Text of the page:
On the First Anniversary of New CFPB Rules, Are Mortgage Servicers Playing Fair?

Family in front of houseOne year ago, the Consumer Financial Protection Bureau (CFPB) introduced new rules to protect homeowners from incompetent customer service and abusive practices by mortgage servicers, the firms that manage mortgage payments. Partnering with the National Housing Resource Center, NCLR surveyed housing counselors across the country to find out if mortgage servicers were following these rules. Today, we’re releasing our findings in a report to show the progress made and provide recommendations for further improvement.

In the survey, we asked housing counselors to tell us how mortgage servicers had improved their communications with homeowners and housing counselors. Servicers were notorious for sending initial foreclosure notices but following with radio silence for months or even years, leaving families in limbo and feeling helpless. In addition, we asked about compliance with a new ban on “dual tracking,” a problem that has plagued the market and caused many unnecessary foreclosures. Dual tracking occurs when servicers push a family through foreclosure while simultaneously considering them for a loan modification that would otherwise help them keep their home.

CFPB_LogoWhile we found that the new CFPB rules are having an impact and compliance in some areas has vastly improved, housing counselors say mortgage servicers are flouting the rules with unacceptable frequency. Majorities of mortgage servicers did not comply with rules relating to servicers losing homeowner documents, missing deadlines for communicating with borrowers, and helping heirs upon the death of the borrower.

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  • Nearly two-thirds (65 percent) of surveyed counselors said that servicers always or often lost documents or asked borrowers to submit the same documents multiple times.
  • Though servicers are required to make a decision on loan modification requests within 30 days, a majority (57 percent) of housing counselors said that servicers always or often failed to do this.
  • Despite servicers being required to have policies in place to identify and communicate with a successor after the death of a borrower, 63 percent of housing counselors said servicers rarely or never complied with this requirement.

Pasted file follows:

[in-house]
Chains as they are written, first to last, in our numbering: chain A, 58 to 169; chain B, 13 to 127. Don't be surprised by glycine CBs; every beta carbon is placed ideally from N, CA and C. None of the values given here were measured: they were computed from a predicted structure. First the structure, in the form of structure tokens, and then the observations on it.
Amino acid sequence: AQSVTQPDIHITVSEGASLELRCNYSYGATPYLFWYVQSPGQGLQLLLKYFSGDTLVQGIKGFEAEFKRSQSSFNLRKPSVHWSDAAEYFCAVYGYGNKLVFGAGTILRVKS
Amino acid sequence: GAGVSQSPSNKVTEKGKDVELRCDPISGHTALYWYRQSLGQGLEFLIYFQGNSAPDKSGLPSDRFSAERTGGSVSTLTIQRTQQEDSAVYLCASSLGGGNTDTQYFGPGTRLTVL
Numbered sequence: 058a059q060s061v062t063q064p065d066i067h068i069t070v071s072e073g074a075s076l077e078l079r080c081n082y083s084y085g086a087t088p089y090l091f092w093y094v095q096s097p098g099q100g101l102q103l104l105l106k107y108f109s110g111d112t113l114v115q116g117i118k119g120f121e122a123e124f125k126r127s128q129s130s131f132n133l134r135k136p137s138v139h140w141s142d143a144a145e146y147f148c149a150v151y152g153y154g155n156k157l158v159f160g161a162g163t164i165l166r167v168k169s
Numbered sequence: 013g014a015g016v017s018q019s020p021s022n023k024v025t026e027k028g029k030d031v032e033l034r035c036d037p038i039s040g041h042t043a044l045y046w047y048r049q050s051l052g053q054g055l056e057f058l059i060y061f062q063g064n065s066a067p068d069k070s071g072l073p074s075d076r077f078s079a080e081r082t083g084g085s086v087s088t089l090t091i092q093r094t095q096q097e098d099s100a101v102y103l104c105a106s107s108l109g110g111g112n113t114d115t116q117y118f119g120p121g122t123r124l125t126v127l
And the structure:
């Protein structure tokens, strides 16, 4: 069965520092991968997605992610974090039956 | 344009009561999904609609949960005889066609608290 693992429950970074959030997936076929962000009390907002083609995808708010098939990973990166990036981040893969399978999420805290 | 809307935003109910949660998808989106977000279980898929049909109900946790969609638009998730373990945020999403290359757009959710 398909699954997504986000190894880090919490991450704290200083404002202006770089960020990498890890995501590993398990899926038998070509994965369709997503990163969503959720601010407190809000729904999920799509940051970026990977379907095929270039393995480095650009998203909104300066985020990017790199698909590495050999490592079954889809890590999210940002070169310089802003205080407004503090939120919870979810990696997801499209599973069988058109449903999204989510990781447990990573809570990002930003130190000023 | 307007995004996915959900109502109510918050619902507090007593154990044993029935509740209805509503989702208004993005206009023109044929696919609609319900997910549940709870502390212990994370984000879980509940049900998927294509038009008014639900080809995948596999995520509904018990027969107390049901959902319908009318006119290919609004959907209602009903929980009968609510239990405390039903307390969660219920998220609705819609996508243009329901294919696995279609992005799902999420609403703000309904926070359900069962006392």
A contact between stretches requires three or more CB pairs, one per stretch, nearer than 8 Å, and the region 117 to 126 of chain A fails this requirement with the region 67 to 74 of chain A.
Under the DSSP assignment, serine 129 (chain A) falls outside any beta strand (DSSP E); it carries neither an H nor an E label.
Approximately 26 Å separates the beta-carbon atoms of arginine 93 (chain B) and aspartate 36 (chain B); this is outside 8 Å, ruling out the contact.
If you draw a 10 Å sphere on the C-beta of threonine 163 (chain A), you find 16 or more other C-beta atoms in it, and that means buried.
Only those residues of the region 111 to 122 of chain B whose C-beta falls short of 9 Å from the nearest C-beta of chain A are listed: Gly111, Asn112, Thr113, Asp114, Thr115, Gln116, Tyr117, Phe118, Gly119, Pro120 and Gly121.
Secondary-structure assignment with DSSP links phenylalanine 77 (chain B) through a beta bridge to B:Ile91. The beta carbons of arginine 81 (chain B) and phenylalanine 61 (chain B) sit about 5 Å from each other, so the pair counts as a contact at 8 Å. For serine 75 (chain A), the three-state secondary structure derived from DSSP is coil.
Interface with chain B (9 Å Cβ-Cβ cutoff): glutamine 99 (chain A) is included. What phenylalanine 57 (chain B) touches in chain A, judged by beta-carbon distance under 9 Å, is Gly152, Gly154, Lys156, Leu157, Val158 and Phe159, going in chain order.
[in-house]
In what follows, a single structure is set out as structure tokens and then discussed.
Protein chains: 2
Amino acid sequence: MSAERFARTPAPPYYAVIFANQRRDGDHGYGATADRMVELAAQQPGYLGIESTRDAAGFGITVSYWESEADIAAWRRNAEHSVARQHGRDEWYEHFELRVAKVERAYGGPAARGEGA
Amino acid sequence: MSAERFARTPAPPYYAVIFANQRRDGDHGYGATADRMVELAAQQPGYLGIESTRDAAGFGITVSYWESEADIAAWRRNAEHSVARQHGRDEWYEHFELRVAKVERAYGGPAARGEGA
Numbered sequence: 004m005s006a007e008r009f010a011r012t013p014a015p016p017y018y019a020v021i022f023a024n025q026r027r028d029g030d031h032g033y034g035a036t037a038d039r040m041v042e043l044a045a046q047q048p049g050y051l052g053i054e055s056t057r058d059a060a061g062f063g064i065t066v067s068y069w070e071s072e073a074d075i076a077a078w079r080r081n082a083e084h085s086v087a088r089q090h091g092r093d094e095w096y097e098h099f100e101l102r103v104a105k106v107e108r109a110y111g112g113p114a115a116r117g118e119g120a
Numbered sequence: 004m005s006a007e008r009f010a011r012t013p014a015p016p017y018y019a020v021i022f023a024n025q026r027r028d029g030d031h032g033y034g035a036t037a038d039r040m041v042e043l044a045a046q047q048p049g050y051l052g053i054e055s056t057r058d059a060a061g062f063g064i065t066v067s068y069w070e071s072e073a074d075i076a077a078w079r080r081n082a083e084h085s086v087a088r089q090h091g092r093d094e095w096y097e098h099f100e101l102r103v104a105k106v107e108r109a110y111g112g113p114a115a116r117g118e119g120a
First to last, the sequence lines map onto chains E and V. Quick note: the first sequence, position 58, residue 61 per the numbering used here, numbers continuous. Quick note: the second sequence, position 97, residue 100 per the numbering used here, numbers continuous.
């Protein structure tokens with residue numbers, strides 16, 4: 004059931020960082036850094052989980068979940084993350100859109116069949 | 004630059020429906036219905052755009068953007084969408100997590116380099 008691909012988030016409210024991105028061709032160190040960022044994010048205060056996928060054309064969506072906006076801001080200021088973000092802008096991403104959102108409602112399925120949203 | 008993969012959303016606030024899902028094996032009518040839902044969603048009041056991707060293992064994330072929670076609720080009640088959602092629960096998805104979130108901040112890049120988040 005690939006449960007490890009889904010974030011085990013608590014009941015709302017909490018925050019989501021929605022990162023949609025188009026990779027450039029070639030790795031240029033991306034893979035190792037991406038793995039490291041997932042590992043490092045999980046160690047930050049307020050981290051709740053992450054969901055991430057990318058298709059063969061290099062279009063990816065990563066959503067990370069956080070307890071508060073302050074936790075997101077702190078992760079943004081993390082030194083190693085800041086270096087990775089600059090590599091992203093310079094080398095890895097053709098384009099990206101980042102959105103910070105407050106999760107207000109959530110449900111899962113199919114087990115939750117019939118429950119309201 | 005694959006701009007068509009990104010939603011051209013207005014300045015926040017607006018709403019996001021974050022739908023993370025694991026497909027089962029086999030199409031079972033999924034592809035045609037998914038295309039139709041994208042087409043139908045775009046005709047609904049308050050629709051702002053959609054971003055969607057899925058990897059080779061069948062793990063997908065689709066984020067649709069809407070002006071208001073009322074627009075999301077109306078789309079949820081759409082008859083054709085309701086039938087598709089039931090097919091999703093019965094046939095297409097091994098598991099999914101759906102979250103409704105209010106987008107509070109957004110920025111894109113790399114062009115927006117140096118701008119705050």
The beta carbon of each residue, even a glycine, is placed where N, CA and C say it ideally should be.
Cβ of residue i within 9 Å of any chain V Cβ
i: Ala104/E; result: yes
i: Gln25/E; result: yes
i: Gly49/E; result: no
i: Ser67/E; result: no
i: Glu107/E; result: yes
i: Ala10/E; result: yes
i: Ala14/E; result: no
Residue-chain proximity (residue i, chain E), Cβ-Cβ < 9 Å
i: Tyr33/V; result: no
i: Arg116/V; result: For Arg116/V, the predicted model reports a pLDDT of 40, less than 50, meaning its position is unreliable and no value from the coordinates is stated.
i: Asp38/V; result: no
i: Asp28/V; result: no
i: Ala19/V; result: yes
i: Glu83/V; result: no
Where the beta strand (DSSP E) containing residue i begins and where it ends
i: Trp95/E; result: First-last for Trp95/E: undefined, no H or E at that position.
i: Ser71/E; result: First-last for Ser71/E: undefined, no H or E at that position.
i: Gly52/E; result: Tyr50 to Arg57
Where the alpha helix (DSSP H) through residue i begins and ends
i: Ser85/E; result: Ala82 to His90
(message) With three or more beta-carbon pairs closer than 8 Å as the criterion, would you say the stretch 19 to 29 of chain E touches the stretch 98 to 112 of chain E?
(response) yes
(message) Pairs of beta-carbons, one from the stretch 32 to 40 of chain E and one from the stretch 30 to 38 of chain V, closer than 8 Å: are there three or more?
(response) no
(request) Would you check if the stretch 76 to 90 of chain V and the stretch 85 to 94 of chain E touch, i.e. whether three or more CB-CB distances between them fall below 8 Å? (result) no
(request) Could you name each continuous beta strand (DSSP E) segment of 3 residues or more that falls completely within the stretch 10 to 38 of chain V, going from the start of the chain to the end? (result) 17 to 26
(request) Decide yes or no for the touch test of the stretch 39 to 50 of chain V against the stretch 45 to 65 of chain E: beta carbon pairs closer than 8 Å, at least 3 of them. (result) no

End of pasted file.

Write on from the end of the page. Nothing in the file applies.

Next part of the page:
• Even with dual tracking banned, about one in five (19 percent) housing counselors said servicers occasionally, rarely, or never complied with this ban, putting homeowners at risk of wrongful foreclosure.
  • Though many homeowners were originally sold mortgages in non-English languages, the lack of language services for borrowers after they signed on the dotted line is a major problem. Nearly half (48 percent) of counselors said servicers rarely or never provided non-English written communication for borrowers with limited English proficiency.
  • Servicers are required to provide borrowers with access to one or several knowledgeable points of contact, but for borrowers with limited English proficiency this was often a challenge.
  • Forty-four percent of housing counselors said assigned points of contact were never or rarely fluent in the borrower’s preferred non-English language. When translators were provided, over half (55 percent) of counselors said the translators either never or rarely had a technical understanding of relevant issues and fluency in the target language.

In 2015 we look forward to seeing more progress among mortgage servicing practices. We are glad to see that the CFPB is stepping up enforcement against violators, and we encourage the agency to continue increasing enforcement efforts. We do urge the CFPB to address language access issues severely impacting the Latino community and engage housing counselors to better gauge what is and isn’t working in real time. Additionally, we encourage the CFPB to address the chronic problem of lost documents in a future rulemaking designed to stop this practice. They must also close a loophole in the rules that currently allows mortgage servicers to decide who does and does not receive legal protection by deeming whether a loan modification application is complete.

Read the entire report below:

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